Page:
A Loon Encounter
The first time it happened, I suppose I chalked it up to luck – being in the right place at the right time. The second time, I was feeling extremely blessed. But by the third day in a row, when a loon swam almost directly up to me in my kayak, I decided that I must have made a new friend. And the feelings were most definitely mutual. For almost every day of that particular week I met the loon out there on the river each morning, when I went out in my boat. It is not at all uncommon for me to be able to paddle-up quite close to the loons in our area but never quite as continuous and predictable as that particular week. Despite being somewhat flattered initially by the personal attention, in reality, I was probably kayaking near a nest and the partner was out entertaining me to keep me at a safe distance from the nesting mother. Nevertheless, it was an amazing week. I never grow tired of close encounters with loons. They are remarkable creatures both by sight and by sound.
I can still remember, as a young child, the first time I heard a loon crying in the distance over the water. I was completely enchanted by the mystical call, and have spent the rest of my life being enthralled over the sounds and sight of a loon. I would have to say that for me, an evening loon concert is a deeply moving and spiritual experience. I am reminded of the words of Job who wrote, “…Where is God my Maker, who gives songs in the night…” (Job 35:10). And there is no better place to experience those songs in the night than here on the River.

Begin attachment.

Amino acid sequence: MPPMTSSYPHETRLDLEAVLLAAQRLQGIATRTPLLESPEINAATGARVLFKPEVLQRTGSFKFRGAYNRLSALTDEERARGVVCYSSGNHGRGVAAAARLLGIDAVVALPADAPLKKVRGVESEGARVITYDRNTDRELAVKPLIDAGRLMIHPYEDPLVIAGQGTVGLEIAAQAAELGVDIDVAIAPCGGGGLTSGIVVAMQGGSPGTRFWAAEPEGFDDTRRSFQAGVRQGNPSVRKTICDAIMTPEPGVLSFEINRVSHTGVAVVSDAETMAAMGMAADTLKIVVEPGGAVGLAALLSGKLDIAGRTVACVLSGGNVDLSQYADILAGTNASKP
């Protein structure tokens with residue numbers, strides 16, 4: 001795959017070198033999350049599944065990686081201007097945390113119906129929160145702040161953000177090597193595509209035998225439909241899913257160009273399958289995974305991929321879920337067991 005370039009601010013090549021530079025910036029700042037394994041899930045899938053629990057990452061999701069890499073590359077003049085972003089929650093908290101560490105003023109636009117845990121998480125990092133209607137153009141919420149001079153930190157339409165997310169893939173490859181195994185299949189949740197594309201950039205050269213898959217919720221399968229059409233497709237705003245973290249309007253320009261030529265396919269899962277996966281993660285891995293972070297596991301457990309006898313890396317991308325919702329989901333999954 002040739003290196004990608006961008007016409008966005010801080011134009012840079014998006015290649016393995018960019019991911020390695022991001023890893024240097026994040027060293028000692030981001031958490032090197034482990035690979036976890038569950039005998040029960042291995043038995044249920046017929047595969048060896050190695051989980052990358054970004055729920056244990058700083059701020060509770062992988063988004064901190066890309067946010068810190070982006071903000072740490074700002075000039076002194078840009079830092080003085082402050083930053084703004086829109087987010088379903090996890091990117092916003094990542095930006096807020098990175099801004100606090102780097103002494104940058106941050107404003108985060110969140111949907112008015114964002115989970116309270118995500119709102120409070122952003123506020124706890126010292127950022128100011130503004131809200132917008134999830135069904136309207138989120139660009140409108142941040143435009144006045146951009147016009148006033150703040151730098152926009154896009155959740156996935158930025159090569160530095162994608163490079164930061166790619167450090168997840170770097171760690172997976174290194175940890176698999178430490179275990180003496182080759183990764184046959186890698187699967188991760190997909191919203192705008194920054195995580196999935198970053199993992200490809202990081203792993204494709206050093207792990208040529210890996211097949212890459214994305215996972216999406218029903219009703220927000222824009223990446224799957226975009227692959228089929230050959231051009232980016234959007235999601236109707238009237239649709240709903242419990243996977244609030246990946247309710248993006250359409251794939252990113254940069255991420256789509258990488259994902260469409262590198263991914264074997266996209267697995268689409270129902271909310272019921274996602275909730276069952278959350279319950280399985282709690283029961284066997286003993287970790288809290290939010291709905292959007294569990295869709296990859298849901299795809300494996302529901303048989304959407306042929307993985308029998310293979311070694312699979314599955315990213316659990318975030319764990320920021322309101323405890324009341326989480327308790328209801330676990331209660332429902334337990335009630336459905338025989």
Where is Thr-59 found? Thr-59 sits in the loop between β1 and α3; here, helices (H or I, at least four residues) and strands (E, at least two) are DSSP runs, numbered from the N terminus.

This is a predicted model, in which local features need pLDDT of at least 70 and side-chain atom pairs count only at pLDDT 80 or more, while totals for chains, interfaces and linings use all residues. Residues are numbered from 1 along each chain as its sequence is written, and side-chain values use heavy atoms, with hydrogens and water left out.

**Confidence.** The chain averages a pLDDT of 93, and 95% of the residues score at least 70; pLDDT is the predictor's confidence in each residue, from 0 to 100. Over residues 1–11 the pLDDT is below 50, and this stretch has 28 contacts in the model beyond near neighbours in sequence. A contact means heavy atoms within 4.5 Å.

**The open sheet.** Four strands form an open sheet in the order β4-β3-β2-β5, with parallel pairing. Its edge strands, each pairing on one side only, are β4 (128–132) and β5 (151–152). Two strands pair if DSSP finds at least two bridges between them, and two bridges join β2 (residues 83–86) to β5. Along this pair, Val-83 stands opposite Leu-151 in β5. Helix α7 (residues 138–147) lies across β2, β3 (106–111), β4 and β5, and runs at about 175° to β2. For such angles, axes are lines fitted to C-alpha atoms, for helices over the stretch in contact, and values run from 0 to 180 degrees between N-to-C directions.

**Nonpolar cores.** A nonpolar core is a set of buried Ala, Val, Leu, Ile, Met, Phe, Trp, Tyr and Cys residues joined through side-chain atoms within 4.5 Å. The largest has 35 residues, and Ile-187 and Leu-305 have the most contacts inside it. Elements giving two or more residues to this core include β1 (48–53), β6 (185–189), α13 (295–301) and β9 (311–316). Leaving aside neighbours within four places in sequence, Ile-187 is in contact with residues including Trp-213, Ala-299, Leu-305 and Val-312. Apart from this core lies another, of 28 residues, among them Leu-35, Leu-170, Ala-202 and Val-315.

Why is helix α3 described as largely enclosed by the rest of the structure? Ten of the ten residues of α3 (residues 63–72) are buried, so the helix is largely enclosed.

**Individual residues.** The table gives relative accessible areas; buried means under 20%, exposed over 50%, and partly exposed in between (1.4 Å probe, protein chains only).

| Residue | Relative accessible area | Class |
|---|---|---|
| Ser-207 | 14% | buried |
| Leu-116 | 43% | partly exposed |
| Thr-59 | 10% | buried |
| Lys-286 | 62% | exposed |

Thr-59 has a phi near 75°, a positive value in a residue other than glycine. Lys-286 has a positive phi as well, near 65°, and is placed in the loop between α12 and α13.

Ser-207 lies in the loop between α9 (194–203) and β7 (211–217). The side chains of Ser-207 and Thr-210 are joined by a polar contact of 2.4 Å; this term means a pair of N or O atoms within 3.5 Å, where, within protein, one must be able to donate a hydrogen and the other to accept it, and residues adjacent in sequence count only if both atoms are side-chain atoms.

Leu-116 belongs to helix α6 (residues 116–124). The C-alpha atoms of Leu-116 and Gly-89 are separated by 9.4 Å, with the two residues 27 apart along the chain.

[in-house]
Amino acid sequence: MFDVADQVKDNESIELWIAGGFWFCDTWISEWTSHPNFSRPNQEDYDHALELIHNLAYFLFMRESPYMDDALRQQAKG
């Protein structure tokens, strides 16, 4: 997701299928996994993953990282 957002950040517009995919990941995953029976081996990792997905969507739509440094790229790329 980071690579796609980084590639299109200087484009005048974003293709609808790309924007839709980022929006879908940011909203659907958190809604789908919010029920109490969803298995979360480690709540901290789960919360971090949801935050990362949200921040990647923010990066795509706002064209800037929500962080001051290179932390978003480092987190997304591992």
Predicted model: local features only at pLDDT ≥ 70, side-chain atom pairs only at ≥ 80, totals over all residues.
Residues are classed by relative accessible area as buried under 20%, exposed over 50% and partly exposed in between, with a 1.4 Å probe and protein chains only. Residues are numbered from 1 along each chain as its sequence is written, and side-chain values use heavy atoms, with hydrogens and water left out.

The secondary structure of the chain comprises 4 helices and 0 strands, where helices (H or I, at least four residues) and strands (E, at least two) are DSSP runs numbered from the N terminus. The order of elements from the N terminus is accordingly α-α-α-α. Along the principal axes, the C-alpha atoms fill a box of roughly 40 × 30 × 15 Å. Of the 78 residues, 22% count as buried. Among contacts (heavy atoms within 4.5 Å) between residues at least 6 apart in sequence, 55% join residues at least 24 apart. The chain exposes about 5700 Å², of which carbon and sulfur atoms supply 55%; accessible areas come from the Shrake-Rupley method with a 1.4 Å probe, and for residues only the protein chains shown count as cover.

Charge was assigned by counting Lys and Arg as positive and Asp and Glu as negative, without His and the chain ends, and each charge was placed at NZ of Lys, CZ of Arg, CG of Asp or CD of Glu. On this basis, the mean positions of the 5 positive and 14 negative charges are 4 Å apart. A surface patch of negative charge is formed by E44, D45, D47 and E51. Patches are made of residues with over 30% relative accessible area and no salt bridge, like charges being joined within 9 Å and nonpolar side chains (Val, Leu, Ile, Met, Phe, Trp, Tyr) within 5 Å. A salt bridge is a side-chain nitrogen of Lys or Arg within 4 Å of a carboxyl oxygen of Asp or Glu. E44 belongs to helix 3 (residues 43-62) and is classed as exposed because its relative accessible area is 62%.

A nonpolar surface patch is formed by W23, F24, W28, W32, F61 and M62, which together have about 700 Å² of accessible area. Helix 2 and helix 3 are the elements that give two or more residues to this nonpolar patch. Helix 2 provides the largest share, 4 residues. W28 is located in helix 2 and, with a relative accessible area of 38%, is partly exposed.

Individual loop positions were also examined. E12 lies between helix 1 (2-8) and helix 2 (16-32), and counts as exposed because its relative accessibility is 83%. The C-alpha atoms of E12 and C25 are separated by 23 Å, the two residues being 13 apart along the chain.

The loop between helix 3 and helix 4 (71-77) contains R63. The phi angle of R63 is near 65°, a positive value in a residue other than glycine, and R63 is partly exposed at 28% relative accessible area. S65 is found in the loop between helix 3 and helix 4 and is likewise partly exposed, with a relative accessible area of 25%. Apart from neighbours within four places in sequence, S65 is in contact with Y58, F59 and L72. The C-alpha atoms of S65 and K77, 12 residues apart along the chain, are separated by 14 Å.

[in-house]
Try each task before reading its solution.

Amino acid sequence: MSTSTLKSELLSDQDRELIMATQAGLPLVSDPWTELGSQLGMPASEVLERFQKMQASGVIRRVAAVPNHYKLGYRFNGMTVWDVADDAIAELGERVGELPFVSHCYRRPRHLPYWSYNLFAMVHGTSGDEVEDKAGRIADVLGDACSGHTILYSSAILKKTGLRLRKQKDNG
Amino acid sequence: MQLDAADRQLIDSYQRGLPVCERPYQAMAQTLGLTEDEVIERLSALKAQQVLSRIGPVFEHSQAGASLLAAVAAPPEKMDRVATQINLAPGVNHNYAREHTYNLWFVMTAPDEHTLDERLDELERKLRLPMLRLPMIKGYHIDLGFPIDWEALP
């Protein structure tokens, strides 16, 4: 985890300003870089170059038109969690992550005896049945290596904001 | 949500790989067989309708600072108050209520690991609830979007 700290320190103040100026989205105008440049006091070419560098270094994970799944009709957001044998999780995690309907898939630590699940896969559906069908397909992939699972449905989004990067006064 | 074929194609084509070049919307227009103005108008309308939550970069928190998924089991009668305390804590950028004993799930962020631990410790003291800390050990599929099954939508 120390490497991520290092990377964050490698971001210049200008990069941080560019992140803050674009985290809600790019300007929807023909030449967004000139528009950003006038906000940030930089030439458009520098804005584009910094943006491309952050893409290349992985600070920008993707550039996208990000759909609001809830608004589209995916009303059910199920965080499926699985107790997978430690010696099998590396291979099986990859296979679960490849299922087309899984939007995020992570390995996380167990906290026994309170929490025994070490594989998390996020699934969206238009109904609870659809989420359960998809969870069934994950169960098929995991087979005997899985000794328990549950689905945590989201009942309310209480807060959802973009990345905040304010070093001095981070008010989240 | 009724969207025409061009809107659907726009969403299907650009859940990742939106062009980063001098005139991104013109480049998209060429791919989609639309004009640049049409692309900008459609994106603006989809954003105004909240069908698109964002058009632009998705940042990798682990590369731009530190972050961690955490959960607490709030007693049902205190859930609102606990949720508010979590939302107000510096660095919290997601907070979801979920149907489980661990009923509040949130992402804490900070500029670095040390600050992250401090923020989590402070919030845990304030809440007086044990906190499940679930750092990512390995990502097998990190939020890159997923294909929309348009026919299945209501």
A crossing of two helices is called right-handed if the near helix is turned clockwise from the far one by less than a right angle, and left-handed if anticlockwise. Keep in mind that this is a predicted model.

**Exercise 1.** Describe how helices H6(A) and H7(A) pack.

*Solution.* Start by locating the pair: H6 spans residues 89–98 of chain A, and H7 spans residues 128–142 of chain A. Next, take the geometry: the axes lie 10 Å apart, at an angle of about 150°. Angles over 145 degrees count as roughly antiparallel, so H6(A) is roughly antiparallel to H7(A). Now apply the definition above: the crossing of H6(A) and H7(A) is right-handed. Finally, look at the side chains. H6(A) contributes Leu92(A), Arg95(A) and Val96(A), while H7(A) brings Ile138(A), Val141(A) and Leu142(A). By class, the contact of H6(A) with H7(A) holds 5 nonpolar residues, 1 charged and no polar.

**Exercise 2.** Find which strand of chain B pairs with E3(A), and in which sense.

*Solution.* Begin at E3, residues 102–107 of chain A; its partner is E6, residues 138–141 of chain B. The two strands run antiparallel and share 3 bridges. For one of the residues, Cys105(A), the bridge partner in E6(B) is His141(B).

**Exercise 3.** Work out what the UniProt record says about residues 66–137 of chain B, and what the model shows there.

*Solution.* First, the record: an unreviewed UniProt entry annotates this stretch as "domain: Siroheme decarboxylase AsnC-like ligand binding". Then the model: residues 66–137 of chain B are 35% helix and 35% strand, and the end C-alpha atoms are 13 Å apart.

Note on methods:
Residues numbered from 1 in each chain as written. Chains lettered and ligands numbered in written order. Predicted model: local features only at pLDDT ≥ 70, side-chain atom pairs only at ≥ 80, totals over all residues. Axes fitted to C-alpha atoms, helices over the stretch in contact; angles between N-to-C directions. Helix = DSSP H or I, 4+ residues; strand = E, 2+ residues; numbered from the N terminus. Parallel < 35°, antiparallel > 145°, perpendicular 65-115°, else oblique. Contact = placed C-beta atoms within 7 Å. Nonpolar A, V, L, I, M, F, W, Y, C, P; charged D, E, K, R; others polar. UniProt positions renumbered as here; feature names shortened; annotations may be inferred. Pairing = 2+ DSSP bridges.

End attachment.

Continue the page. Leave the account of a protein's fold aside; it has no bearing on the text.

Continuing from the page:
Not So Common
Ironically, this amazing creature is referred to as the Common Loon (Gavia Immer) in North America. I'd always found that name ("common") to be a little ridiculous so I was pleased to hear that in Europe, the species is instead known as the Great Northern Loon or the Great Northern Diver. But for the purposes of this article, I’m just going to call it the loon.
Many of us who spend time at the river have seen these strikingly beautiful aquatic birds out on the water. Though they have been confused with the diving cormorants at a distance, they are easily distinguished by their black heads and necks, their black and white spotted backs, a striped ring around their lower neck and their piercing red eyes. They are strikingly beautiful large birds, growing up to three feet in length, and weighing up to 12 pounds.
Loons are agile swimmers but are also superb at fishing, diving underwater for long periods of time to make their catch. They are well equipped for the task having solid bones (unlike other birds) which make them less buoyant and, hence, better at diving. They adeptly propel themselves with their feet and often swallow their prey while still underwater. I recently learned that their ability to maneuver underwater is nothing short of masterful. When its prey changes direction, the loon can perform an immediate flip-and-turn that, as the Cornell Lab of Ornithology put it, “would make Olympic swimmers jealous: they extend one foot laterally, as a pivot brake, and kick with the opposite foot to turn 180 degrees in a fraction of a second.” And once they grab hold of their prey, they are also masterfully designed with rear-pointing spikes, on the roof of their mouth and tongue, to enable them to keep a firm grip on a slippery fish. And they eat a lot of them! It has been estimated that a family of four will eat a half ton of fish in about 15 weeks.